Published: August 31, 2003

Knowing when to walk away

[Originally published as an Editorial]

Ted Williams, probably the greatest hitter baseball has ever known, in his last at-bat launched a home run into Boston’s Fenway Park bleachers. Everyone knew if was the last time he would bat in a game, and the crowd saw the drama of the moment. Rather than making a big show of it, Teddy Ballgame circled the bases in his usual quick trot, and simply kept on running into the dugout and back to the clubhouse. Moment, game, career over.

Williams could probably have played another two or three years, and many thought he still had much to offer his Red Sox. But, as his final home run shot proved, he wanted to go out while he was still great, so that his reputation as the greatest hitter in baseball wouldn’t be tarnished by diminishing skills, injuries, and eventual replacement by new blood. His last at-bat was an exclamation point on an illustrious career.

Knowing when to call it a day is an issue in almost every performance-based idiom. Jerry Seinfeld halted his show when it was still top-rated. Michael Jordan, on the other hand, tarnished his image as the greatest basketball player of all time by playing a “farewell season” with mixed results. Many say that the Rolling Stones haven’t made a great recording in thirty years, but still pretend they’re teenagers on stage. Jethro Tull plays Holiday Inns these days. While these are high profile examples from the entertainment world, piping and drumming are really no different.

In the 1980s, a crop of the incredibly talented young pipers emerged. Willie McCallum, Alasdair Gillies, and Roddy MacLeod came on the scene at a time when great pipers two generations their senior were still playing extremely well and winning prizes but, in their late 40s or 50s, had already put in a good innings, as the saying goes. Several of the greatest pipers of the 1970s and ’80s saw the new, young talent emerging, and, while they still could go on winning prizes, collectively agreed to step aside and let the ascending younger players take the spotlight.

Today, these older pipers are considered living legends. They won stacks of prizes over three decades but, perhaps just as importantly, quit while they were still playing well and winning. Had they doggedly kept at it we might remember them differently today.

We’ve compared the Scottish solo competition system with those of the rest of the world, and, by and large, Scotland takes a survival-of-the-fittest approach. If you haven’t become a successful and serious solo player by the time you’re 18, chances are you’re not going to suddenly start competing in solos as an adult, so it’s off to the bands for you. Consequently, adult solo competitors are all of the “open” variety, and there are very few competing pipers over the age of 18 who are not extremely talented.

Other jurisdictions, like North America, are not divided by age, so, no matter how old one is, there’s still a place to compete. We see 40 year-olds occasionally playing against 14 year-olds in the amateur piping events, and more often than not the 14 year-olds are playing circles around the adults. Associations that structure their solo events by multiple “amateur” grades and one professional section take a come-one, come-all approach. It’s great for older people to have a place to compete, but it’s questionable that a 40 year-old Grade 3 no-hope piper or drummer should be trying to beat a 13 year-old rising star.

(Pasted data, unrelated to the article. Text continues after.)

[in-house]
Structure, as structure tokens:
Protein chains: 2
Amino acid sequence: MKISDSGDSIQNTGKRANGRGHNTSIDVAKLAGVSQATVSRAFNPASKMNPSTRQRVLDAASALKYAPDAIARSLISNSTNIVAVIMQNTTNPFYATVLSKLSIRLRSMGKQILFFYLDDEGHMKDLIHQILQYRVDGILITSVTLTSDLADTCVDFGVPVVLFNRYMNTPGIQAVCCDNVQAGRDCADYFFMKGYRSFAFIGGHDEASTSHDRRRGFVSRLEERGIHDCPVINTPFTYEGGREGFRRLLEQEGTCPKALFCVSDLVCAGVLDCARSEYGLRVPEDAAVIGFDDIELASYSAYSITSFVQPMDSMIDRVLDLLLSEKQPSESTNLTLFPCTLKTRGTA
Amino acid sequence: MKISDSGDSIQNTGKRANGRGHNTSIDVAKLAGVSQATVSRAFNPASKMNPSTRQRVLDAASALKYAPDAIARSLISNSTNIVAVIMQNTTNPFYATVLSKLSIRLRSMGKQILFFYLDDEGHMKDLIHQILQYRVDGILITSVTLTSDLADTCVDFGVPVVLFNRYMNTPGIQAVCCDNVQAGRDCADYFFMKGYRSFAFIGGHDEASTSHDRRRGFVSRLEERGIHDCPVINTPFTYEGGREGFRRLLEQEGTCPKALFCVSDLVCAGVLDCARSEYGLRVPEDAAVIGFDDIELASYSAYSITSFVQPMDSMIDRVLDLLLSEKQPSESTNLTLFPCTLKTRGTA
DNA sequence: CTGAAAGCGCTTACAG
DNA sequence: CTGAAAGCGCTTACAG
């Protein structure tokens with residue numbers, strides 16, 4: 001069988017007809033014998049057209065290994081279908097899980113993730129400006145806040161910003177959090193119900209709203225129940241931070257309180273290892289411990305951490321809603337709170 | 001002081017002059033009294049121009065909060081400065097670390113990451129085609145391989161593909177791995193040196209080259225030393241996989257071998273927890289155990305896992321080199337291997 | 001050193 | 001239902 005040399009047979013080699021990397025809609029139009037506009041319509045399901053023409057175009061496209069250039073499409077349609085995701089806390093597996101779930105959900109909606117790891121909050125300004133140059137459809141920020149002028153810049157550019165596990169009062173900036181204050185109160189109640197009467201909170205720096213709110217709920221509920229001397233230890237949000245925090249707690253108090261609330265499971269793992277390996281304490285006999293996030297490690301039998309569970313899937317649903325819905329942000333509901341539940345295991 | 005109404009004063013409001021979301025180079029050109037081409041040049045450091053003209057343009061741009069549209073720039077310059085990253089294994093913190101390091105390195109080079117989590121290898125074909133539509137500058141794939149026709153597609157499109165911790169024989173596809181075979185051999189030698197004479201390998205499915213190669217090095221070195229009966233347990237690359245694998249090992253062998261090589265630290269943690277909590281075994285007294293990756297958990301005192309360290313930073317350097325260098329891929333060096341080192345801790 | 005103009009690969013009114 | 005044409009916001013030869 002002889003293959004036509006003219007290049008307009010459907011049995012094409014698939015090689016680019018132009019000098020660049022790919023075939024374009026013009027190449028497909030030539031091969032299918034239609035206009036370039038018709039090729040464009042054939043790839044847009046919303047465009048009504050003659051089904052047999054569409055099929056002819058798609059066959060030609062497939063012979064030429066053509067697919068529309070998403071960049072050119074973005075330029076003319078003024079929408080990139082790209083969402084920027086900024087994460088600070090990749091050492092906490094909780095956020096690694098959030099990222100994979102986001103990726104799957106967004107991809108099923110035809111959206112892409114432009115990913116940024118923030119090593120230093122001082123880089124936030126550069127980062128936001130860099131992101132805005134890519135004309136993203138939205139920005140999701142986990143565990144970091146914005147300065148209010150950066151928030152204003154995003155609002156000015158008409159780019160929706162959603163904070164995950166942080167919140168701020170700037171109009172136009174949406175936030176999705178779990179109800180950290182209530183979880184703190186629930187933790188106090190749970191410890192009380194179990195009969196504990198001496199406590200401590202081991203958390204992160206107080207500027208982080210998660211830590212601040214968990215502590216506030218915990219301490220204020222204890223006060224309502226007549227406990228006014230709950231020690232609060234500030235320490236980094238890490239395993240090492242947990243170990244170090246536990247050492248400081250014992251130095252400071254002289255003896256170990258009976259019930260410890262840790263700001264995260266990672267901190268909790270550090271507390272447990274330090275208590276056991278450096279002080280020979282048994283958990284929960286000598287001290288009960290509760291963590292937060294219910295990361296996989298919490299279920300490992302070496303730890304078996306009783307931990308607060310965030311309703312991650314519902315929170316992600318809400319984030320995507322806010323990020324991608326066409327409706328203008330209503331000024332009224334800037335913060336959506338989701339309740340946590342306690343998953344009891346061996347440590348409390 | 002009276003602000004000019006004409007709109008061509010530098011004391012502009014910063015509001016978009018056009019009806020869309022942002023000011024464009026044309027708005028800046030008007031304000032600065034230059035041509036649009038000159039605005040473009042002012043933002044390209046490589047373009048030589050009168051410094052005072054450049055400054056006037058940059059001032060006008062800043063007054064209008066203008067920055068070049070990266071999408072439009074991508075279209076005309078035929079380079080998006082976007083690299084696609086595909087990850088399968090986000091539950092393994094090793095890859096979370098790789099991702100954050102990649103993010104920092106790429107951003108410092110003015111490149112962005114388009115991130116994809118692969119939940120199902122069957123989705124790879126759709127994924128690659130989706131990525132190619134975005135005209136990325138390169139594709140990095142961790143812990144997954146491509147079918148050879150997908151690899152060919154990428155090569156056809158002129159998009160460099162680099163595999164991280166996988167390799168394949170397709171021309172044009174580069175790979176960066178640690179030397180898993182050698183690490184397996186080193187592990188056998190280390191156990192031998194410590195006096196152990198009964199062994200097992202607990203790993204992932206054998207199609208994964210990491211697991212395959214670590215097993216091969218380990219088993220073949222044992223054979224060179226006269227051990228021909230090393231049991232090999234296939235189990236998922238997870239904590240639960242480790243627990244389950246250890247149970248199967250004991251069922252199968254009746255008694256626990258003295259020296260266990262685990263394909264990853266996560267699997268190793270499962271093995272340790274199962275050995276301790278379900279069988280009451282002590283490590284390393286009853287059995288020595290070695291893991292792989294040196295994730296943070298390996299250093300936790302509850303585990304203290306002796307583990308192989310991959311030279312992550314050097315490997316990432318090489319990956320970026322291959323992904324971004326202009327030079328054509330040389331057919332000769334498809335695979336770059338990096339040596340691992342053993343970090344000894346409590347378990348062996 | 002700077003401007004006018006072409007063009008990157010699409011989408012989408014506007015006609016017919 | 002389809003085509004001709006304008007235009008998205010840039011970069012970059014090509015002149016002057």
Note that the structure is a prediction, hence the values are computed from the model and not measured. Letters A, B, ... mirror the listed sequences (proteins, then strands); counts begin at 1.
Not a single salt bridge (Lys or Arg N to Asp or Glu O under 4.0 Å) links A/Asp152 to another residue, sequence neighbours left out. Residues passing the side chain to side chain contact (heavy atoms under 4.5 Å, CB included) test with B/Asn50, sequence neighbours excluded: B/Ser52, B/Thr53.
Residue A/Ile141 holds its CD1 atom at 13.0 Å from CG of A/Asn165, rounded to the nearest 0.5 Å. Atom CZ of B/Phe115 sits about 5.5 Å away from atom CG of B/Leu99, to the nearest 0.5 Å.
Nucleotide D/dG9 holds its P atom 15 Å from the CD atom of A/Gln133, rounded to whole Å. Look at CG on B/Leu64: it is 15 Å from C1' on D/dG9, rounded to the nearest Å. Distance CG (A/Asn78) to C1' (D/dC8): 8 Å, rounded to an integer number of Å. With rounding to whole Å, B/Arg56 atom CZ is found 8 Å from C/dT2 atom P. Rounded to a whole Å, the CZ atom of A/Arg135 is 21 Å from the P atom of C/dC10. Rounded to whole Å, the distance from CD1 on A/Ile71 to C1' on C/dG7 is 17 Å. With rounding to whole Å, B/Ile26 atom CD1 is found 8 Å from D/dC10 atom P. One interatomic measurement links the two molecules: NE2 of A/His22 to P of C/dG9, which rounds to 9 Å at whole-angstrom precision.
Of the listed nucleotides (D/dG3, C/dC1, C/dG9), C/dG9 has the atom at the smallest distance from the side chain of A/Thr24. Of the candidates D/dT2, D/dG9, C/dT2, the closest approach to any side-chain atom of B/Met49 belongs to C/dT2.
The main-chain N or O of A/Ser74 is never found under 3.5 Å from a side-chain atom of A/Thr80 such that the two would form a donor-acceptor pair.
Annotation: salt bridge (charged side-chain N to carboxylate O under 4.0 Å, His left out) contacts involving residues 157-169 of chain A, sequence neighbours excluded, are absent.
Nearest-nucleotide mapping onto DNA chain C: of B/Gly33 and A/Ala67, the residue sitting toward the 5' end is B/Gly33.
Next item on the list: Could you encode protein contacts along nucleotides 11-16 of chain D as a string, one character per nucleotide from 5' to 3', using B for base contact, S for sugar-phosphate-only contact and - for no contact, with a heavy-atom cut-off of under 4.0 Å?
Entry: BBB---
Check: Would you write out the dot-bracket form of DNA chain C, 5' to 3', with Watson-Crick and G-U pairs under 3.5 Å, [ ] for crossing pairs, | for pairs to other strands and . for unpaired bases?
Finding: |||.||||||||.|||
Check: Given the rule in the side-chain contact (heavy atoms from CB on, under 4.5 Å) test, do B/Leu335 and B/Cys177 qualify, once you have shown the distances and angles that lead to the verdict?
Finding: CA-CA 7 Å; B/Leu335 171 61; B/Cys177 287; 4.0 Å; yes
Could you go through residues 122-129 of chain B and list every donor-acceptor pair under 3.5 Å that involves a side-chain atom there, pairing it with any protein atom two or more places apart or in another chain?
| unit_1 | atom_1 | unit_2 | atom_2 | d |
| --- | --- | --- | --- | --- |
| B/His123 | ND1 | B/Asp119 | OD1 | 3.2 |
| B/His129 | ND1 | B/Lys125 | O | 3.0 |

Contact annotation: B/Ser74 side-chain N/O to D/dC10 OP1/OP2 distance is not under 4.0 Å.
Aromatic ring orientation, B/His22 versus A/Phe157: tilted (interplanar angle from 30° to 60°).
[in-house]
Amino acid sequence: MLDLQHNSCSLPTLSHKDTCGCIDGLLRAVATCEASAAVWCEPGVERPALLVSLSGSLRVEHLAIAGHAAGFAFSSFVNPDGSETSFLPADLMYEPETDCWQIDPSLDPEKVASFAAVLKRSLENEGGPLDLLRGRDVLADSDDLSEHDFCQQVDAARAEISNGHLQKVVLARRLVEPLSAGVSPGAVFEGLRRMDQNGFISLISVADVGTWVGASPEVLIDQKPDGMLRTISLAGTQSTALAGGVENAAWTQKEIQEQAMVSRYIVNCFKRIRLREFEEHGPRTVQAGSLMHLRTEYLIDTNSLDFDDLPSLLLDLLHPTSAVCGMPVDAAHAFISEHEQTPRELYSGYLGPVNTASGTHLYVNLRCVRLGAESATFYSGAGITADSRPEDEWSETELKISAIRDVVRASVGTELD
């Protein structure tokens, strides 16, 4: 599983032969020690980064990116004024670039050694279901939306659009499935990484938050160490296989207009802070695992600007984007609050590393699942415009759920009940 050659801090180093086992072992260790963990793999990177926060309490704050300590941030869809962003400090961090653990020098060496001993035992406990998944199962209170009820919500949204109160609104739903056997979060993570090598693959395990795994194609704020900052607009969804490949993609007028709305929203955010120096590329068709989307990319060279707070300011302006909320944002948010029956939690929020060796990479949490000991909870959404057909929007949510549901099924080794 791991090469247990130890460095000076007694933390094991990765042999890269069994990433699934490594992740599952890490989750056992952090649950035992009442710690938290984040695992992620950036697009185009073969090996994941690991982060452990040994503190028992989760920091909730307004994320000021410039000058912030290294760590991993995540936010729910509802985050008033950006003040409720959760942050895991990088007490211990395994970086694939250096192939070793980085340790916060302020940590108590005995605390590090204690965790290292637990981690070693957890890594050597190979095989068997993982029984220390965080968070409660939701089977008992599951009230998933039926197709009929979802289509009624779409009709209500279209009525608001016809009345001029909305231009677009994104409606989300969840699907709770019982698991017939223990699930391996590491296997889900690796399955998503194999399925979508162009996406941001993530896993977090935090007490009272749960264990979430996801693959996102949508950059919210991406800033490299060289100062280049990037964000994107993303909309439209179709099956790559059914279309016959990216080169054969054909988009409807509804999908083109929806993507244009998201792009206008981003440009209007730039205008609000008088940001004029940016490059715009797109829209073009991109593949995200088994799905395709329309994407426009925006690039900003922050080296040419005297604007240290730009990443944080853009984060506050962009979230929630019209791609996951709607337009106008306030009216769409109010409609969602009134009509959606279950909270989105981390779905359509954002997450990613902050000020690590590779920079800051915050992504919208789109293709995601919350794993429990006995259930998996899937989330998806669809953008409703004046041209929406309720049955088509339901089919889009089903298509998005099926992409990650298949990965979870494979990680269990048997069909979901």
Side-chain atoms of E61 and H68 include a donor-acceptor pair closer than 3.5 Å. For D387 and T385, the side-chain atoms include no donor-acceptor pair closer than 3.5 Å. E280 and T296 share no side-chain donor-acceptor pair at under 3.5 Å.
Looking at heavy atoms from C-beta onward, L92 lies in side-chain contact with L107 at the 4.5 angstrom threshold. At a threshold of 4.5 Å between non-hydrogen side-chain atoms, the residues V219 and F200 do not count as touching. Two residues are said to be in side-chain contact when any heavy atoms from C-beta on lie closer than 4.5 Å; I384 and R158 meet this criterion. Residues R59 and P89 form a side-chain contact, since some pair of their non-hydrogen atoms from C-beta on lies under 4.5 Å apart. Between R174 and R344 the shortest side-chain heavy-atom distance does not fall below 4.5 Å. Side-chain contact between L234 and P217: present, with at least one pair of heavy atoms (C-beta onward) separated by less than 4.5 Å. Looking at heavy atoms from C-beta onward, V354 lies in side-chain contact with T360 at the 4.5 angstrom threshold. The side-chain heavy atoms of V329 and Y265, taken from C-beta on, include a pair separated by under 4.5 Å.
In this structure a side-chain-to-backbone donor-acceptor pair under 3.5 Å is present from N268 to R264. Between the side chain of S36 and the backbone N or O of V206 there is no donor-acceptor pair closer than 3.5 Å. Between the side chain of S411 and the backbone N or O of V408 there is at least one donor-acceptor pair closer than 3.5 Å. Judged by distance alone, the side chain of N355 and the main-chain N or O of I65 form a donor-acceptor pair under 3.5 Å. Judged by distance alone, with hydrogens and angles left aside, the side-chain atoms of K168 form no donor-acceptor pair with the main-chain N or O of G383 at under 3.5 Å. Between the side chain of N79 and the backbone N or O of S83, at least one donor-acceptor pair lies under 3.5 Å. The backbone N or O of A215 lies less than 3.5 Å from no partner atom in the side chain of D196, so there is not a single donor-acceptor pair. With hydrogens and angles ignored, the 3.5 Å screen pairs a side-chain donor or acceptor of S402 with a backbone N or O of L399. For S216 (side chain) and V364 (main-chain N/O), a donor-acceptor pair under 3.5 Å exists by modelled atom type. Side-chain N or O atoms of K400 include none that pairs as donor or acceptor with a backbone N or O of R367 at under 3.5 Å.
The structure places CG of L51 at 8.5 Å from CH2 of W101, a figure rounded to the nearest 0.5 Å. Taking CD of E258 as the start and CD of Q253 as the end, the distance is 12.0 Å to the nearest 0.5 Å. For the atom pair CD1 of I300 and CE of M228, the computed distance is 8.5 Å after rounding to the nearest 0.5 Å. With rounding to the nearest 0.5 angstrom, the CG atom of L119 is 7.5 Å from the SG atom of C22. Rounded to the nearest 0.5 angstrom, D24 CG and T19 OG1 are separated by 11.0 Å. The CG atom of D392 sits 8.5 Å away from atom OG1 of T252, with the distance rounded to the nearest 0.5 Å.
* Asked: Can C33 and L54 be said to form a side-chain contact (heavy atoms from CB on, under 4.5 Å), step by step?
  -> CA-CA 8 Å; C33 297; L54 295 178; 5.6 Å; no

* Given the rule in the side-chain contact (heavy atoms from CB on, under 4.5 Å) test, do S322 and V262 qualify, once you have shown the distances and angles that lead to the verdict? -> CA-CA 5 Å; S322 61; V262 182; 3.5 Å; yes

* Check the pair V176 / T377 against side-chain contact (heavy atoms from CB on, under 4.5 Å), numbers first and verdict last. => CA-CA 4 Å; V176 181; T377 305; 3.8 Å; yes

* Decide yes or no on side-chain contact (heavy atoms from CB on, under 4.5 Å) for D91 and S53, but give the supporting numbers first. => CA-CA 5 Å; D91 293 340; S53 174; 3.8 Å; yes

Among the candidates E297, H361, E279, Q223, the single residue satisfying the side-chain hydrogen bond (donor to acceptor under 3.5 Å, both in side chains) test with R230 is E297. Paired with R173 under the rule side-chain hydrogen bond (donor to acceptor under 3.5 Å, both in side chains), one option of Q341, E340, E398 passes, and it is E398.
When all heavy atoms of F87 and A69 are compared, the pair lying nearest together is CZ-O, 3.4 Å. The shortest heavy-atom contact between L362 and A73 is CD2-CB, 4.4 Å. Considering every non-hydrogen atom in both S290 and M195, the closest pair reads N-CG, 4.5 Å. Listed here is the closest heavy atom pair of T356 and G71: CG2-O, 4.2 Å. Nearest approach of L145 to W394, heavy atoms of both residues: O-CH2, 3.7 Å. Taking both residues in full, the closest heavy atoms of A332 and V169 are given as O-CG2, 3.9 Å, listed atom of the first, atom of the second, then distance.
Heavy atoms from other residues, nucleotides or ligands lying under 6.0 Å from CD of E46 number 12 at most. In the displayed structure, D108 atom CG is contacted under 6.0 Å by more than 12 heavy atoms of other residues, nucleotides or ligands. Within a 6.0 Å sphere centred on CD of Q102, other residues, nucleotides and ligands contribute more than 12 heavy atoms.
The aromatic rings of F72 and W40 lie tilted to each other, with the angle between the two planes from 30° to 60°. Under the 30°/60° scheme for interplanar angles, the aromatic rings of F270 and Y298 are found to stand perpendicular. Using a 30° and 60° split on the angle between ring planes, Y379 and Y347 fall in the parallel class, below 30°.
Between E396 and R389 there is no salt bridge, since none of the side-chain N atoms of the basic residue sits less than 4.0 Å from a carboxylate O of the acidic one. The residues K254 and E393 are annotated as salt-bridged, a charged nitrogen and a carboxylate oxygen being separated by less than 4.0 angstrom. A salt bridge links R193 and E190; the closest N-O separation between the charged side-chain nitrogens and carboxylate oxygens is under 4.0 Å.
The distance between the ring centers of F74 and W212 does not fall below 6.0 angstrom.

While it’s much easier for older pipers to play in competition pipe bands, bandsmen should still be conscious of their declining skills. It’s a painful and counterproductive process when players past their prime refuse to accept that they should call it a day, and let new blood take their spot in the circle. Magnanimously bowing out makes life easier for the band’s pipe-major or leading drummer, who are spared the awkward and painful task of telling a longtime member that they can no longer hack it.

We’d bet that everyone reading this knows of at least one person competing with a band or in solo events who should hang it up. We’d also bet that everyone can think of at least one piper or drummer who should have quit, but instead played too long, damaging years of prizewinning performances with embarrassing displays of eroded ability. Unfortunately, there are too many formerly great players who are remembered for their final, agonizing performances rather than their accomplishments in their prime.

To be successful at competitive piping and drumming, it takes a staggering amount of dexterity and skill. As people grow older, while their hands and wrists deteriorate, their ears play tricks. Their listening seem to become selective, and sloppy technique, playing behind the rest of the section, or that uncontrollable blowing on D is either a figment of someone else’s imagination or the fault of the guy next to you in the circle.

There’s a piobaireachd called “The Aged Warrior’s Sorrow.” One can picture a once great soldier recalling former days of glory, while lamenting lost ability. It’s not an easy decision to bow out, but it’s better to control one’s destiny and reputation than have someone do it for you.

It takes a lot of humility to step aside not after you’ve caused the band to finish last because you lost the plot mid-medley, but after you’ve knocked one out of the park in your final at-bat.

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